• The agreement was welcomed by France, with President Nicolas Sarkozy saying that it was "great success for Lebanon and all the Lebanese, whose courage and patience never failed despite the ordeals they have been through."[3] French Foreign Minister Bernard Kouchner said though the agreement failed to tackle the root of the political crisis, yet was a first step. "It goes in the right direction, but none of the essence (of the crisis) appears to have been resolved. Yet, it is better to have a president and a (functioning) government," he said.[4] France's UN Ambassador Jean-Maurice Ripert, for his part, saw the deal as “a foundation upon which Lebanon and its national unity can be rebuilt and its sovereignty as well as territorial integrity reinforced.”
  • Germany welcomed the agreement.
  • Iranian Foreign Ministry spokesperson welcomed the agreement and said “Iran hopes the Doha agreement will give the Lebanese a bright future.”[5]
  • Saudi Arabia supported the agreement and its ambassador to Lebanon said "Saudi Arabia announces its support for the agreement. We are very happy that this accord has been reached.”[6]
  • Syria welcomed the agreement.
  • The United States praised the agreement. "The United States welcomes the agreement reached by Lebanese leaders in Doha, Qatar. We view this agreement as a positive step towards resolving the current crisis by electing a President, forming a new government, and addressing Lebanon’s electoral law, consistent with the Arab League initiative. The United States supports the government of Lebanon and its complete authority over the entire territory of the country," U.S. Secretary of State Condoleezza Rice told reporters.[7] The United states's President George Bush released a statement saying he hoped the new agreement would “usher in an era of political reconciliation to the benefit of all Lebanese.”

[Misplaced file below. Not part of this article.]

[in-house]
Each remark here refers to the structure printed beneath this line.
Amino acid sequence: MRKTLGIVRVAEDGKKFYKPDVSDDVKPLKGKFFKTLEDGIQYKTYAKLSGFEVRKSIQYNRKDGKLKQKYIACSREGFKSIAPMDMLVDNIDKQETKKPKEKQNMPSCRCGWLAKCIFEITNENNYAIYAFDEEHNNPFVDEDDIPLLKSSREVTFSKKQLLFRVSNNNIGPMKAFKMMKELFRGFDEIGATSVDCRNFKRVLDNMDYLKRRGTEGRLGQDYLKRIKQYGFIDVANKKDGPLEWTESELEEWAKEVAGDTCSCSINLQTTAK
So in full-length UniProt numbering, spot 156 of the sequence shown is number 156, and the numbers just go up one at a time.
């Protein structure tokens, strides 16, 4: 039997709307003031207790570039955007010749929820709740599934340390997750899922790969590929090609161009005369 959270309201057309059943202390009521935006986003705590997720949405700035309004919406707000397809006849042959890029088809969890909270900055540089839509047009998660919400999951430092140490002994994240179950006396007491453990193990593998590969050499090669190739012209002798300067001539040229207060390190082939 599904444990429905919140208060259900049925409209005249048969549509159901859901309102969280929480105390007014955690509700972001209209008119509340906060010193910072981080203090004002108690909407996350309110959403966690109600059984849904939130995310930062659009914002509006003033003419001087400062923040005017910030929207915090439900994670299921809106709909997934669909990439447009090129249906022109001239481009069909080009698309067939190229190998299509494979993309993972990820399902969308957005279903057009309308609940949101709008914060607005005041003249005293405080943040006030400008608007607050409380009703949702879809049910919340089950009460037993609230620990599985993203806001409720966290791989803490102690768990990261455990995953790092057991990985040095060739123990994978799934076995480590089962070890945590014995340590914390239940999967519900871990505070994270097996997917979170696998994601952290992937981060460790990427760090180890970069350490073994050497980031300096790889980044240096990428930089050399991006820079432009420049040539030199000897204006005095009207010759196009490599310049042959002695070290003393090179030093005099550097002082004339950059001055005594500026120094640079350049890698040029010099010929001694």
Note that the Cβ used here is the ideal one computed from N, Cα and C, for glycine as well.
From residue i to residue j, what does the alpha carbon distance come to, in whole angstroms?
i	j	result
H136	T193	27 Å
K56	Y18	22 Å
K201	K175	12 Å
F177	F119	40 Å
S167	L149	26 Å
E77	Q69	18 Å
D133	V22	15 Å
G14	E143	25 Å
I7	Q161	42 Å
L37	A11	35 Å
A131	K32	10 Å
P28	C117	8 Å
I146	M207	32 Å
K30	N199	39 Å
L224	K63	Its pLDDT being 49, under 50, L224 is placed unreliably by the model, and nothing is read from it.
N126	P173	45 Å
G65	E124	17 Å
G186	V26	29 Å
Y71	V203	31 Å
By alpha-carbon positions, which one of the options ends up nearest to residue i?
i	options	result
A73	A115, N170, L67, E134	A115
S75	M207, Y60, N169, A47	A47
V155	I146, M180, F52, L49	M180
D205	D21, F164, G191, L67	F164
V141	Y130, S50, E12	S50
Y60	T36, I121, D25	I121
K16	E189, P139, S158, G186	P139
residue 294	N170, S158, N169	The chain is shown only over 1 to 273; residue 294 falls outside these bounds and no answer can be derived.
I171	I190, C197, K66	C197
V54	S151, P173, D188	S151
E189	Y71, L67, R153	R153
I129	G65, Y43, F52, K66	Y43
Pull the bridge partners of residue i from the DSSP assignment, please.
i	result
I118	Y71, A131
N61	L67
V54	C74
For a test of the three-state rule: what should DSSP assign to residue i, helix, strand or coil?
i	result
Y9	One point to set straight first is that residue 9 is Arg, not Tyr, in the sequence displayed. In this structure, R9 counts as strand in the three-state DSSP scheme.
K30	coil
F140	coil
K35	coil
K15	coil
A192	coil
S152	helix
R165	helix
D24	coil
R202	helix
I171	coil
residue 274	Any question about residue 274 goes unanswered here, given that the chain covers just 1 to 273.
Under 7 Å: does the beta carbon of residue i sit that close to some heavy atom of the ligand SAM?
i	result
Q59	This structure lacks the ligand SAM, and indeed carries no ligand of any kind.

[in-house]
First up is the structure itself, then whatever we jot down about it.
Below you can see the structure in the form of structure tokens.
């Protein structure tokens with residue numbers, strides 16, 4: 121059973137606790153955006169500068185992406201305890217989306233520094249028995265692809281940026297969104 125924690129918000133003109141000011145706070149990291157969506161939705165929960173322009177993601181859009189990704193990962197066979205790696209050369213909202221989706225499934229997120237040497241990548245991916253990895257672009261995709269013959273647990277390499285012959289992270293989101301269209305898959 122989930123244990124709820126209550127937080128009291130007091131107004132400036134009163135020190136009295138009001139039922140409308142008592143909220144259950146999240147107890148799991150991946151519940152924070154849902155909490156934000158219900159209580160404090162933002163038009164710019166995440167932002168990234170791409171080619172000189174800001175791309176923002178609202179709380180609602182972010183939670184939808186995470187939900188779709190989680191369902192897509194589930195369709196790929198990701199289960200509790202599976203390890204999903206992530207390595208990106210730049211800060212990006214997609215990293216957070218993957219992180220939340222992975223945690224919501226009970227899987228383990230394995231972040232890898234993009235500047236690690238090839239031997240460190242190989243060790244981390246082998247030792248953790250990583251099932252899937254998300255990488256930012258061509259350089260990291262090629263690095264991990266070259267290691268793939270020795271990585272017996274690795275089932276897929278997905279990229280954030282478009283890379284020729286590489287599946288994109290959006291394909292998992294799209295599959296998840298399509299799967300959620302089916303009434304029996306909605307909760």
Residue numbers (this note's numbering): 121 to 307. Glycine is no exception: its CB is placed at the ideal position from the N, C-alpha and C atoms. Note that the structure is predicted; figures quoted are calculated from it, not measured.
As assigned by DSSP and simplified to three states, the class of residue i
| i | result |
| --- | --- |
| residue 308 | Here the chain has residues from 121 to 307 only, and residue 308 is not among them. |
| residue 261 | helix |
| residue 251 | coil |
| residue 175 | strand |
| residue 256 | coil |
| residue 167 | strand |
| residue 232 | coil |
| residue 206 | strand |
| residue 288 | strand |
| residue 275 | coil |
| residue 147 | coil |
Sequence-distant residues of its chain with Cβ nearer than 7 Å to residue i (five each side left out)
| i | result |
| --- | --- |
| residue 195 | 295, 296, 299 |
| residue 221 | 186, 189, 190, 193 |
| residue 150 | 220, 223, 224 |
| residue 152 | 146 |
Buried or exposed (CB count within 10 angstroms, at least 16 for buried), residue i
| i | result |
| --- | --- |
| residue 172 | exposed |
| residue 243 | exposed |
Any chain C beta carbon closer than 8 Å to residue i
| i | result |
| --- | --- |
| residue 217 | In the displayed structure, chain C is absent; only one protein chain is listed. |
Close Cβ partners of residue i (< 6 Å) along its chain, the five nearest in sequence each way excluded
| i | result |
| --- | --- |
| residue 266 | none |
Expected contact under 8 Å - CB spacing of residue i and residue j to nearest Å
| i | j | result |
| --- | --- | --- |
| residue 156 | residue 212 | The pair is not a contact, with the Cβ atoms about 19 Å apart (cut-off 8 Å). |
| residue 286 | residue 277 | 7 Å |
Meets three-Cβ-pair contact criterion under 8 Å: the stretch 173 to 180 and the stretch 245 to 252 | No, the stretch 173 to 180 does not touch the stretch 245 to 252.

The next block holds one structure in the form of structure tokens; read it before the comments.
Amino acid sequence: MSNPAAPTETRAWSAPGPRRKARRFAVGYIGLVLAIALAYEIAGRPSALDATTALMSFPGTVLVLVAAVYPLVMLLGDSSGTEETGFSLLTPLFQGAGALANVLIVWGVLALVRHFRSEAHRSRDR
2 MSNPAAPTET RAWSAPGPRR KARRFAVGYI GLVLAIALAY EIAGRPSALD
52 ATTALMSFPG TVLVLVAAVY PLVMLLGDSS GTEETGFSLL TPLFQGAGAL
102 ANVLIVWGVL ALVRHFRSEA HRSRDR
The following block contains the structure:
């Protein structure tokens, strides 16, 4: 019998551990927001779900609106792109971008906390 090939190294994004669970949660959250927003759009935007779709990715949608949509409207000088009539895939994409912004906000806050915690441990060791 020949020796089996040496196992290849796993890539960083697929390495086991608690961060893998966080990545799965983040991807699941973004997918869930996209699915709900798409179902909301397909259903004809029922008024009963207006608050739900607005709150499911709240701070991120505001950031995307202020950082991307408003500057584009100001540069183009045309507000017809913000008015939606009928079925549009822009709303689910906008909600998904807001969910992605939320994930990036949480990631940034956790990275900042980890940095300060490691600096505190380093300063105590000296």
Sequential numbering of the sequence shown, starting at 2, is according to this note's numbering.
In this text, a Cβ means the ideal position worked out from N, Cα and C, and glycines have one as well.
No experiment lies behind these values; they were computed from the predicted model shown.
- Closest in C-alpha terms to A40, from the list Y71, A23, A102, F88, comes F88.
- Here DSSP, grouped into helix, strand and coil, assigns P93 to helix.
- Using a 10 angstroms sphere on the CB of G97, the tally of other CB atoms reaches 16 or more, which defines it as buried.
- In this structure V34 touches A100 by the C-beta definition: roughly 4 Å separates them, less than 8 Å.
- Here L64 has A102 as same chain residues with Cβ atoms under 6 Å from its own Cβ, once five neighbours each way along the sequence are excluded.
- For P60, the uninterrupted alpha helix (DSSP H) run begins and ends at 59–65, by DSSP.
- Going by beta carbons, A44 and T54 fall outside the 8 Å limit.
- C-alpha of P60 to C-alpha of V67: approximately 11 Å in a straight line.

• Britain's UN Ambassador John Sawers, the council chair this month, expressed hope that the Doha deal “will bring to an end a dispute that has being going on for far too long.” He also hoped that “in the coming days, we will see implementation of this agreement and that the painstaking process of rebuilding Lebanese unity can begin.”

After The Doha Agreement[edit]

The opposition ended its sit-in which had begun on 1 December 2006 in Beirut. On 25 May 2008, Lebanon's parliament elected General Michel Sleiman as the new president of the country, a post that had been vacant since November.

Lebanese reaction towards the agreement[edit]

After the agreement the opposition barricades were dismantled and so were the opposition protest camps in Martyr's Square. Lebanese across the political spectrum have greeted it with relief and joy. After electing President Michel Suleiman, fireworks erupted all over the country, and festivals were held all over Beirut such as the festivals in the Beirut Central District which was the first large non-political gathering in the district for months with Haifa Wehbe, Ragheb Alama, and Assi Al Hillany performing.

See also[edit]